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Federation and MeteorologyBureau of Meteorology
Table of Contents

The Case of Meteorology, 1876-1908


Early Colonial Weather Reporting

The Impact of the Telegraph

Beginnings of Intercolonial Co-operation

The Intercolonial Meteorological Conferences

The Role of Clement Wragge

Towards a Commonwealth Bureau of Meteorology





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The Intercolonial Meteorological Conferences (continued)

This debate elicited some interesting comments from Ellery about the relationship between colonial and metropolitan science:
The Chairman deprecated following slavishly the paths laid down by the Royal Meteorological Society of England; they were in a different country altogether, and experience in the colony must count for something. He agreed that there should be some uniformity, but he did not agree that because the Stevenson screen had been recommended by the Meteorological Society they should adopt it.

When Ellery suggested it would be better if the stands were made of thin metal louvres instead of wood, Wragge agreed 'but thought a change should not be made until it was adopted by Great Britain'. This was too much for Ellery, who demanded to know 'why they should ignore America, France, and India': indeed, 'seeing that the colonies were leading the way in a great many things, they might well strike out a path for themselves in this matter'.[82]

This pride in colonial achievements emerged again later, when Wragge urged the adoption of the Royal Meteorological Society's definition of the equipment required of a climatological station. Ellery responded, and Russell agreed, that 'every reporting station was, to all intents and purposes, a climatological station', but Wragge insisted that, except for the stations he had founded, there were no climatological stations, 'strictly so-called', in Australia. This was too much for Todd:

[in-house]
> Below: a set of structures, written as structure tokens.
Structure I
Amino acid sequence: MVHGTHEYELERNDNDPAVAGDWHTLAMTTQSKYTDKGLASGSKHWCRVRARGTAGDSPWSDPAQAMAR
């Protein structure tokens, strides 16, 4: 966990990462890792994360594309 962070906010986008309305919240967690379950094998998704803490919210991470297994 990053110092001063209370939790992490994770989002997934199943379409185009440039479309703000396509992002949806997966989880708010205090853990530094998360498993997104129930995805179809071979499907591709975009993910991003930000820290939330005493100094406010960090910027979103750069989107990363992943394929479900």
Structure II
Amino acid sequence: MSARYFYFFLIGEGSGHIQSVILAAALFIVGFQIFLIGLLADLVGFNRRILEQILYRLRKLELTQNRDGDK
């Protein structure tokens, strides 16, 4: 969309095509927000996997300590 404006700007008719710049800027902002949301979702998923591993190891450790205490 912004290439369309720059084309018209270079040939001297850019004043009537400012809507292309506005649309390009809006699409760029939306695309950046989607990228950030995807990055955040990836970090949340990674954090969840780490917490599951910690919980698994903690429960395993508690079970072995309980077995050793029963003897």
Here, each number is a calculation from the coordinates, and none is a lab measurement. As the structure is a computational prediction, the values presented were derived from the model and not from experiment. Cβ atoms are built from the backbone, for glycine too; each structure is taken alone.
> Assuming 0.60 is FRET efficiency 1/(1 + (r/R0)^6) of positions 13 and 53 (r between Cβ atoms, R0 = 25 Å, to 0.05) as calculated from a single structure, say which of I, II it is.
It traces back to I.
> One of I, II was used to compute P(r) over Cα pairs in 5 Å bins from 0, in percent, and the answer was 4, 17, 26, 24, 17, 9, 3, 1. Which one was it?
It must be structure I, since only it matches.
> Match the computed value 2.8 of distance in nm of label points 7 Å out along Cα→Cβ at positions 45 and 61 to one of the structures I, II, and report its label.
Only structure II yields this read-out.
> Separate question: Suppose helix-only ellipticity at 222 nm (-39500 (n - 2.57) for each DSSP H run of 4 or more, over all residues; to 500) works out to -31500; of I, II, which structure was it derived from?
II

Mr Todd said that the experience that Mr Ellery and Mr Russell (and he would not say himself) had had in meteorology had enabled them to establish stations which were quite as reliable and did as much to further meteorological science as if they had followed in every minute degree the rules laid down by the Royal Meteorological Society; and in point of fact, they started their observations long before the Meteorological Society had formulated any special scheme such as that alluded to. As an old meteorologist in England, and one of the earliest members of the British Meteorological Society, he had carried on observations at Cambridge and Greenwich, and they might just as well say that observations conducted at the Greenwich Observatory possessed no scientific value because they did not agree in every respect with the Royal Meteorological Society in England, as to say that the existing stations in the colonies were not meteorological stations in the sense of the Royal Meteorological Society. Their observations possessed quite as great scientific value.[83]

Hector, equally exasperated, suggested that Wragge 'should admit that he had learned for the first time that the work was being done'. Wragge, while insisting that 'he did not desire to cast any reflection on his colleagues', declined to do this.

People in Bright Sparcs - Ellery, Robert Lewis John; Russell, Henry Chamberlain; Todd, Charles; Wragge, Clement Lindley

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Home, R. W. and Livingston, K. T. 1994 'Science and Technology in the Story of Australian Federation: The Case of Meteorology, 1876-1908', Historical Records of Australian Science, vol. 10, no. 2, December 1994, pp. 109-27.

© Online Edition Australian Science and Technology Heritage Centre and Bureau of Meteorology 2001
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